Wednesday, August 28, 2013

Pills


Getting sick requires a university degree in reading labels and deciphering prescriptions. For those of us not genetically blessed to reach our 90's running marathons, swimming 5 miles a day, or biking across the country, the increasing decrease of our bodies plus a variety of germs and viruses equals pills. Pills, pills, and more pills.

I'm not a great fan of running to the doctor so over the past decade I've added a variety of supplements to my morning regimen. Vitamin C. Fish Oil. MSM. Calcium for my aging bones. A few more recommended by medical professionals and friends have joined those. I confess that I consume a small fistful every morning.

Note that I said "every morning." Once a day in the A of M. Easy to figure out, right? Pharmaceutical companies don't recognize the structure that brings to pill consumption. They've created once a day pills. Three times a day pills. Four times a day pills. Pills to be consumed before meals, with meals, or at least an hour before OR after meals. Pills where you must not consume alcohol, or dairy products. Pills with a full page of warnings and restrictions. And pills that come with their own complicated schedule that changes daily: Day One take 2 before breakfast, one at lunch, one at dinner, 2 at bedtime - Day Two take one before breakfast, one at lunch, one at dinner, 2 at bedtime - Day Three take one before break fast (but don't do what you did the day before!), etc.

Due to some health issues a recent trip to my physician resulted in me listening to him describe what pills I was to be prescribed and when and how to take them. When my eyes started rolling around in my head and I gasped out a request for clarification ("I take these two days, then stop them and take those others for a week, then start back on the first ones but only…") my doctor reconsidered and simplified the orders. Even simplified I'm not sure my college education prepared me for getting through the next week without error.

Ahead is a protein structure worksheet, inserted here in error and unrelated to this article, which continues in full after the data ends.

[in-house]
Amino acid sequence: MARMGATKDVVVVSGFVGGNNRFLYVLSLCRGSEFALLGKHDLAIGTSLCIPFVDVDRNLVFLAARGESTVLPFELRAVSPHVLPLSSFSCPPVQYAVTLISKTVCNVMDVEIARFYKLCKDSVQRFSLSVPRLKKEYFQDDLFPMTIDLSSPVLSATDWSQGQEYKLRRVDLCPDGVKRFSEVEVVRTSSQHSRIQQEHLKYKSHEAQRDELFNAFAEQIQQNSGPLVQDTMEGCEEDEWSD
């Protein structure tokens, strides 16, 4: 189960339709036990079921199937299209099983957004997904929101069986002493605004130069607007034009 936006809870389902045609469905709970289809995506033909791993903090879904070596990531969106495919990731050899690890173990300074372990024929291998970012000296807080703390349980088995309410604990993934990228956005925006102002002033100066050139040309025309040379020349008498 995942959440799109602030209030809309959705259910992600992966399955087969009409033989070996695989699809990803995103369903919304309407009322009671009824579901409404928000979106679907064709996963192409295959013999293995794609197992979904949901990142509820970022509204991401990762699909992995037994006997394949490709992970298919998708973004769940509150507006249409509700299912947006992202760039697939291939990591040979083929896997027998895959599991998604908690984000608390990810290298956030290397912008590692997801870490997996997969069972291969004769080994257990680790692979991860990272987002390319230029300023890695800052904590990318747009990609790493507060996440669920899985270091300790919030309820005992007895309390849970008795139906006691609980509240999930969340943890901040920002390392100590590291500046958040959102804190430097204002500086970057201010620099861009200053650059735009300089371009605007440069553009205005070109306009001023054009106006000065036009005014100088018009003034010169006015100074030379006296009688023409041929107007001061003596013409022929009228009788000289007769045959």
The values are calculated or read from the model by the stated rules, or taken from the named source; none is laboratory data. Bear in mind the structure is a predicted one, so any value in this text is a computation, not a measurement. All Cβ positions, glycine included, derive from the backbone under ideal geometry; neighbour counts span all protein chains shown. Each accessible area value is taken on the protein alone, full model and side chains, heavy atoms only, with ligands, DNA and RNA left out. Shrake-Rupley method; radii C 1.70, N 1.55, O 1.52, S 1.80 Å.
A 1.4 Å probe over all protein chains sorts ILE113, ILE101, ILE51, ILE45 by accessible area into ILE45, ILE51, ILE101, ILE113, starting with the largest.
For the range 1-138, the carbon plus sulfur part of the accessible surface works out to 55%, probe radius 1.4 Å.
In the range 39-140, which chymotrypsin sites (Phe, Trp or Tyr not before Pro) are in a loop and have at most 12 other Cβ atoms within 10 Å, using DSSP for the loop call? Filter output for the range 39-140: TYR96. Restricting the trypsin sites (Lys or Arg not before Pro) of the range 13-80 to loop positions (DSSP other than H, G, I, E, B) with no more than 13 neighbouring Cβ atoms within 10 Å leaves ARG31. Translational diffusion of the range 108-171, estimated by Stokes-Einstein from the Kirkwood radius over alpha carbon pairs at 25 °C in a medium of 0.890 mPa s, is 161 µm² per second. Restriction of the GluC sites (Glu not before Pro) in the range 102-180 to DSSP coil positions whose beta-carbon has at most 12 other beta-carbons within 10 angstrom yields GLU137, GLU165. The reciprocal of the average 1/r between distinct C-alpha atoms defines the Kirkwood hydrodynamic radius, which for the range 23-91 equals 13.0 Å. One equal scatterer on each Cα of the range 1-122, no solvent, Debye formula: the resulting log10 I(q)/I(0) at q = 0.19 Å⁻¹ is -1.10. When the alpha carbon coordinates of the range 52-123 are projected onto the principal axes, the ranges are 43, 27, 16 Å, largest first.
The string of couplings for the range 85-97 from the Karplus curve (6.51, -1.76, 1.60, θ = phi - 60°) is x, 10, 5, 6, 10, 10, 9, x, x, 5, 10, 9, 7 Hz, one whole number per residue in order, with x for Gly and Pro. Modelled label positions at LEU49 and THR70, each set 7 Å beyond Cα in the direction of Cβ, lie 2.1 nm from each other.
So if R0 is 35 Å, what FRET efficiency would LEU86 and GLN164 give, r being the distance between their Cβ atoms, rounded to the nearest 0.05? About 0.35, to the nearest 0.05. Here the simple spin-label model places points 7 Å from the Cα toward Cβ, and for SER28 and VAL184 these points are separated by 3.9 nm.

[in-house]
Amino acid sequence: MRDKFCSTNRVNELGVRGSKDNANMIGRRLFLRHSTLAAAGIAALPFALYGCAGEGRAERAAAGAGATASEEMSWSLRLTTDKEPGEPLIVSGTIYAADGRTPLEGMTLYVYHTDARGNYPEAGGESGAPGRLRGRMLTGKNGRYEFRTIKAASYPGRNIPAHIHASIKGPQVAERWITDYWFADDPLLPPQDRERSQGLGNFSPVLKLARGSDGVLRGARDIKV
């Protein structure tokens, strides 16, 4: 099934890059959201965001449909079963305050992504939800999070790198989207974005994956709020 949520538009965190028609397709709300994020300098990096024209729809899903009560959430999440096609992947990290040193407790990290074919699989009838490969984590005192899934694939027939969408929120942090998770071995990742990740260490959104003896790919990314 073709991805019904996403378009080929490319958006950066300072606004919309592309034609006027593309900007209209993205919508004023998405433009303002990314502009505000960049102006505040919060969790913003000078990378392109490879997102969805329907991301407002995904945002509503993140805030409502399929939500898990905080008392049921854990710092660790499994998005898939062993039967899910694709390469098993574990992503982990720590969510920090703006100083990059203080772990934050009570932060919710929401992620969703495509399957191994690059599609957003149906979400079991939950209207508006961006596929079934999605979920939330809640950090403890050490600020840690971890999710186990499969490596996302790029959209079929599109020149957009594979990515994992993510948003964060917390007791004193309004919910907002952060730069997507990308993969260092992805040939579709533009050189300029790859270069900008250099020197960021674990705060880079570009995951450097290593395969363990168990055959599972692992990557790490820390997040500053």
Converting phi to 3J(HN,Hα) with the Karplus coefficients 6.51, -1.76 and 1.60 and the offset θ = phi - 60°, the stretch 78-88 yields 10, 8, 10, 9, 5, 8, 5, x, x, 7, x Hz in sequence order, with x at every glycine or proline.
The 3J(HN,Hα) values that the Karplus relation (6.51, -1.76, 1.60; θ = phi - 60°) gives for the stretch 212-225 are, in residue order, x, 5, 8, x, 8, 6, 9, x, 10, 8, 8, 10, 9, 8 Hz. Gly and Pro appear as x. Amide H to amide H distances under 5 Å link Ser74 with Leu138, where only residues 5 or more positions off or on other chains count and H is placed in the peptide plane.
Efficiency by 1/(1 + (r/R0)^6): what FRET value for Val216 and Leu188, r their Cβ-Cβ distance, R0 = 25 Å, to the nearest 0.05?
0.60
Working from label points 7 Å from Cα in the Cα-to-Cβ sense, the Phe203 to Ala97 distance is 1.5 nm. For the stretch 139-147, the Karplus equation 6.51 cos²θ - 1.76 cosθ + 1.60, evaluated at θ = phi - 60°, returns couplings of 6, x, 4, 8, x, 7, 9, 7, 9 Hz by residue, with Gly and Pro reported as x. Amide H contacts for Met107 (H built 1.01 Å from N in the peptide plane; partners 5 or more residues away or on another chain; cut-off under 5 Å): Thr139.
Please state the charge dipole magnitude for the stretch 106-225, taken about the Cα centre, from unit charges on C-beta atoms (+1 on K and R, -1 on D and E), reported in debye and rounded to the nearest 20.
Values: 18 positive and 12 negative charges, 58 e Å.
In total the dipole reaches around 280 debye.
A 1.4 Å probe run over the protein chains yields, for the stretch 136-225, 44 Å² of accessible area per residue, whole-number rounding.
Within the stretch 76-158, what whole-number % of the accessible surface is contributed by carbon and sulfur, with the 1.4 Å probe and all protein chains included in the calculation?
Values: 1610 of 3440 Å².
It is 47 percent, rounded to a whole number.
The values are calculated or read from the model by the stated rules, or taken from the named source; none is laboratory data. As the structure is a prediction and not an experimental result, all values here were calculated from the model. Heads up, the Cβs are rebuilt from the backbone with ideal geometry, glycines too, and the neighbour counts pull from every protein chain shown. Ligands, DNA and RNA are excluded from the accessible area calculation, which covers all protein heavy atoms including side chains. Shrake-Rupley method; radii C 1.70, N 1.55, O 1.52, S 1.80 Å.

The medication dilemma is bad enough for the mature, presumably mentally alert adult. It is frightening to consider what some aging patients face. More physical problems. More than one doctor. Likely less communication between those medical professionals. Possibly less ability to understand the varied consumption of, and interactions between, the medications they take. If old age doesn't get them the complications of trying to cope with it may.

Tuesday, August 27, 2013

NO is the hardest word…


The most difficult word in the English language is NO. It is a word I choke on. It screams out and echoes loudly in my head but when it approaches my lips I gasp, my teeth clench, and I face an abyss.

If I say no:
I'm being selfish.
I won't be liked.
Asking for anything myself will not be okay.
I am a bad person.

It has taken me 66 years to let that word out and every time is a struggle. When it is said it is even harder not to accompany it with curlicues of explanation, justification, and apology.

In my sixth decade I can say NO. But only seldom. Afterwards I cower and wait for annihilation. 

Wednesday, August 21, 2013

There goes the Sun...


I may have mentioned before… okay, I'm getting to the age where I've mentioned EVERYTHING before… that I am Solar-Powered. I wake when the sun comes up and am ready for bed as the sun dips below the western horizon. As you'd expect, this makes my days longer in summer and shorter in winter. When Himself and I left the mid-point of coastal California the solar effect became more pronounced. Summer days are longer farther north and winter days are shorter. There are now times in December and January where I'm a bit like a hibernating bear. I crawl blearily from my bed well past 8 AM and am ready to return by 5PM as darkness descends.

Already this year the sleeping spell is trying to take hold. The daylight hours are shrinking.

If only I was more like Himself who is totally powered by Peanut Butter.

Thursday, August 15, 2013

It Never Rains...

But It Pours.
That is the rule for the weather and for the events in my life.

When Himself and I retired I chose to become a hermit-in-training. We have a wonderful rural home, slightly run-down just as I am, and I burrowed down intending to disappear and never poke my head beyond the gate.

But the world comes a'knockin'.

 I gave up the hair shirt and quit navel-gazing to begin staring at the world through the modern equivalent of a crystal ball - my computer - and discovered that it stared back.

Is there a moral here? Maybe it is the ever useful adage: Watch what you ask for.

(And No, I'm not supplying details on this one. Just a small squeak of warning.)